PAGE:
The Commonwealth[edit | edit source]

Raider groups that infest this region are not just some of the most primitive human groups to emerge in the wastelands. They are small anarchic bands of violent outcasts, preying on anything and anyone weaker than themselves. They are plentiful, ruthless, and extremely aggressive—nether are they particularly bright. Large groups can be a handful, and some gangs contain particularly strong members, but most raiders are poorly equipped and all too accustomed to preying on the regions most vulnerable denizens. Although predominantly human, there are some Ghouls among their numbers. Many gangs also include one or more attack dogs.

Appearances[edit | edit source]

Raiders appear in all Fallout games.

References[edit source]

  1. The Courier: "Were the 80s a gang, or a tribe?"
    Stella: "What's the difference? Raiders is raiders. Bunch of them swept in to town and dragged off two working girls. Deputies and me gave pursuit, straight into 80s territory. By the time we caught up with the girls, there wasn't much left of them. So we turned for home. Made it back to Caliente without further losses, but we was watched the whole way. Never seen so few people cover so much land. Goddamn creepy. If the 80s had wanted to kill us, we would've been dead. Guess they figured we weren't worth the trouble."
    (Stella's dialogue (Honest Hearts))
  2. The Courier: "I haven't been through Utah recently - what's the situation like?"
    Jed Masterson: "Well, it ain't good, I'll tell you that. It's not like the Mojave or the NCR - hell, even Arizona under Caesar is safer. You got raiders all over the damn place, tribes of degenerates that'll eat you as soon as look at you, regional warlords... the works. Not too many decent places to stop and trade. New Canaan's one of the only ones left I know about."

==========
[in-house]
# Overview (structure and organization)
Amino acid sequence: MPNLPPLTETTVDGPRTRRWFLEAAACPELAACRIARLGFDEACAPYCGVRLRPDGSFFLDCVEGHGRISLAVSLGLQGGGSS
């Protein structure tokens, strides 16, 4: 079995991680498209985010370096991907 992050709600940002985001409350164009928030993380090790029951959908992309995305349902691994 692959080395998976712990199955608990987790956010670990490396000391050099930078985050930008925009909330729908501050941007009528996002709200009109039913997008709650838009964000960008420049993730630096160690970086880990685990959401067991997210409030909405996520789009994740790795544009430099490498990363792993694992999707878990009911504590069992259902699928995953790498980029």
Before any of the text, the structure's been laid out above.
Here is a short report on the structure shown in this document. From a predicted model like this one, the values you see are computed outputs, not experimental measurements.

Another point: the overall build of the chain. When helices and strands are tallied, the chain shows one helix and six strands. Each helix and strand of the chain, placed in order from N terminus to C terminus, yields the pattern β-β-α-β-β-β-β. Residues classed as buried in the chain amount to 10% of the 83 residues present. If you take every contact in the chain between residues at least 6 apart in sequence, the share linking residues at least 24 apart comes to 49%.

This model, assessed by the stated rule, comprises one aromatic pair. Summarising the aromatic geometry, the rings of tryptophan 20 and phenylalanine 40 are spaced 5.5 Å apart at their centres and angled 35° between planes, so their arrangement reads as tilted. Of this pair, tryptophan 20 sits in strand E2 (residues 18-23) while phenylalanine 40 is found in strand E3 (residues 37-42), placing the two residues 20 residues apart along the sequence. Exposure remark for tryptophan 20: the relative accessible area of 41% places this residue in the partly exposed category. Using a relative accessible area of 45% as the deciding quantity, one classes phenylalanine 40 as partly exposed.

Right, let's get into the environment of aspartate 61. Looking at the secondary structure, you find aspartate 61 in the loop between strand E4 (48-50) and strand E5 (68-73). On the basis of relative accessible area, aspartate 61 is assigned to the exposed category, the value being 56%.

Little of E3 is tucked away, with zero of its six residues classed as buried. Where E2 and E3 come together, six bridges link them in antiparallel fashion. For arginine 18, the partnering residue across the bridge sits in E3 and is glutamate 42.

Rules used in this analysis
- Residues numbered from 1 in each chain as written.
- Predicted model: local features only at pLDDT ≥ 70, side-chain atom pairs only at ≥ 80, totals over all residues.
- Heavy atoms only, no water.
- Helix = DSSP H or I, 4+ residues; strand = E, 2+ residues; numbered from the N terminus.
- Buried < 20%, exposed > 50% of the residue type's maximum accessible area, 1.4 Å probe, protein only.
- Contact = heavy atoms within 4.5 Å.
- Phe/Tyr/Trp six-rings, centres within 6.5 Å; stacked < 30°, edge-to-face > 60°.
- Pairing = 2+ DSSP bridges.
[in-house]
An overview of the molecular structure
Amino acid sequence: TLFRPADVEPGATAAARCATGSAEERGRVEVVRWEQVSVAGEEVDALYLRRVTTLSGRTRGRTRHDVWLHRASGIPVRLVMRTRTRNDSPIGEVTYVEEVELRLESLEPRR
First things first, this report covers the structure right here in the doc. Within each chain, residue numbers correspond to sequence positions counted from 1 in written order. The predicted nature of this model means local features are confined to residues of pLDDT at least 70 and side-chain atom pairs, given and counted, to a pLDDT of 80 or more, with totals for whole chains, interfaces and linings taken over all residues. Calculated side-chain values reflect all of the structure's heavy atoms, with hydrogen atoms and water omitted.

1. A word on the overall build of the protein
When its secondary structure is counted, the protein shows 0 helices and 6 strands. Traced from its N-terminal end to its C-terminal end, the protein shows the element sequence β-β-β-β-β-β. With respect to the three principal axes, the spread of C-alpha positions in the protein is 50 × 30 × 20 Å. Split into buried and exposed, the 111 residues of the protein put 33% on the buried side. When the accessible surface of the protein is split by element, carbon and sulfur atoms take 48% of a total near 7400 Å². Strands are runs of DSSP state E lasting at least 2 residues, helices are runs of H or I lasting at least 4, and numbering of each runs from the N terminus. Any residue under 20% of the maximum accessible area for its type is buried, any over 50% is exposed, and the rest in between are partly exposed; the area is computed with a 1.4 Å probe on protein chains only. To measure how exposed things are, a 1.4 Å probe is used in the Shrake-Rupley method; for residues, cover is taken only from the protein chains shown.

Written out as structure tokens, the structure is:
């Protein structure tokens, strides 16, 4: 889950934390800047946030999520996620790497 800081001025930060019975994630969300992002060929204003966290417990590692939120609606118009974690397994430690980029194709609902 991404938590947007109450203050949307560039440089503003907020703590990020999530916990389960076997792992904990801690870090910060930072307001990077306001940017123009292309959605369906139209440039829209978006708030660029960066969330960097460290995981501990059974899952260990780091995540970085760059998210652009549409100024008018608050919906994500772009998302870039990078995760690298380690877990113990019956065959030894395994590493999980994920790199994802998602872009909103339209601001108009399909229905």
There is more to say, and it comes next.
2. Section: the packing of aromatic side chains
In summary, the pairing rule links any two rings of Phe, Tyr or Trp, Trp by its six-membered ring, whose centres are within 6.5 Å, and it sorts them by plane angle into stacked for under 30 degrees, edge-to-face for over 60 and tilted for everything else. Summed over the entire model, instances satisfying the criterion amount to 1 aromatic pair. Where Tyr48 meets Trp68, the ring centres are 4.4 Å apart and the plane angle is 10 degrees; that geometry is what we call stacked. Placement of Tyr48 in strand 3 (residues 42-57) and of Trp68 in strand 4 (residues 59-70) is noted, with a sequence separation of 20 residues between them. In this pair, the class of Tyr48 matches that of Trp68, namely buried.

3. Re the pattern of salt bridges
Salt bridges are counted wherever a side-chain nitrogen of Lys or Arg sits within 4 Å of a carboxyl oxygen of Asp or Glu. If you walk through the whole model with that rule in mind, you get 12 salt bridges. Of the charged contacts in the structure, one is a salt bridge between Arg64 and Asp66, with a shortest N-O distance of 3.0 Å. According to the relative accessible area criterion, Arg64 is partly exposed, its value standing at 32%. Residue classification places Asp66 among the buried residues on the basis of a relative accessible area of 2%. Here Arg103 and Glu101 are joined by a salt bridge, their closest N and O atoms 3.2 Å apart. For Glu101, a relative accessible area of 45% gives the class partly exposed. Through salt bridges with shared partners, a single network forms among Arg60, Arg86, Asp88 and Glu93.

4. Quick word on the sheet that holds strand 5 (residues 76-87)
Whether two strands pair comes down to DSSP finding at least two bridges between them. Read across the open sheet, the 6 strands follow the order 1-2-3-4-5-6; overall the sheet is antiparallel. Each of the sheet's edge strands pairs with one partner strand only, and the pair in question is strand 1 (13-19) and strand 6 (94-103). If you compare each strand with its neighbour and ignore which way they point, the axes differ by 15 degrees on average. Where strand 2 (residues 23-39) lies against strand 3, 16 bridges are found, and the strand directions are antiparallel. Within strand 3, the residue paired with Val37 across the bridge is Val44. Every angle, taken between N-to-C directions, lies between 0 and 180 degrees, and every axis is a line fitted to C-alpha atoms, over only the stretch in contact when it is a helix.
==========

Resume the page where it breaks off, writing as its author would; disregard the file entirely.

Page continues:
The Courier: "Tell me about the raiders."
    Jed Masterson: "They're about what you'd expect - crazy, jacked up on chems, violent as hell, and not too bright. The worst are the 80s, but we won't be passing through their turf on this run."
    (Jed Masterson's dialogue)
  3. Fallout: New Vegas loading screen hints: "Made savage by excessive chem use, the Fiends of New Vegas are the most numerous and troublesome raiders of the Mojave Wasteland."
  4. 4.0 4.1 4.2 Fallout Bible 6 Raiders in general: "The Jackals: The first clan, the Jackals, is your typical group of crazies. They have no morals except one: survival. They use group tactics to overmatch their enemies. They are craven cowards, though, and will not attack unless they know they can win. They band together in their hideaway and fight over the spoils.
    The Vipers: The second clan, the Vipers, are mysterious followers of an ancient religion (or so they claim). They usually only come out at night to hunt for food or to conduct raids. They are very ruthless when it comes to combat. They prefer stealth to strength. They usually carry bone knives dipped in Pit Viper venom. This poison, when in the blood stream, paralyzes the victim. Most victims captured in this way are taken back to their hideout.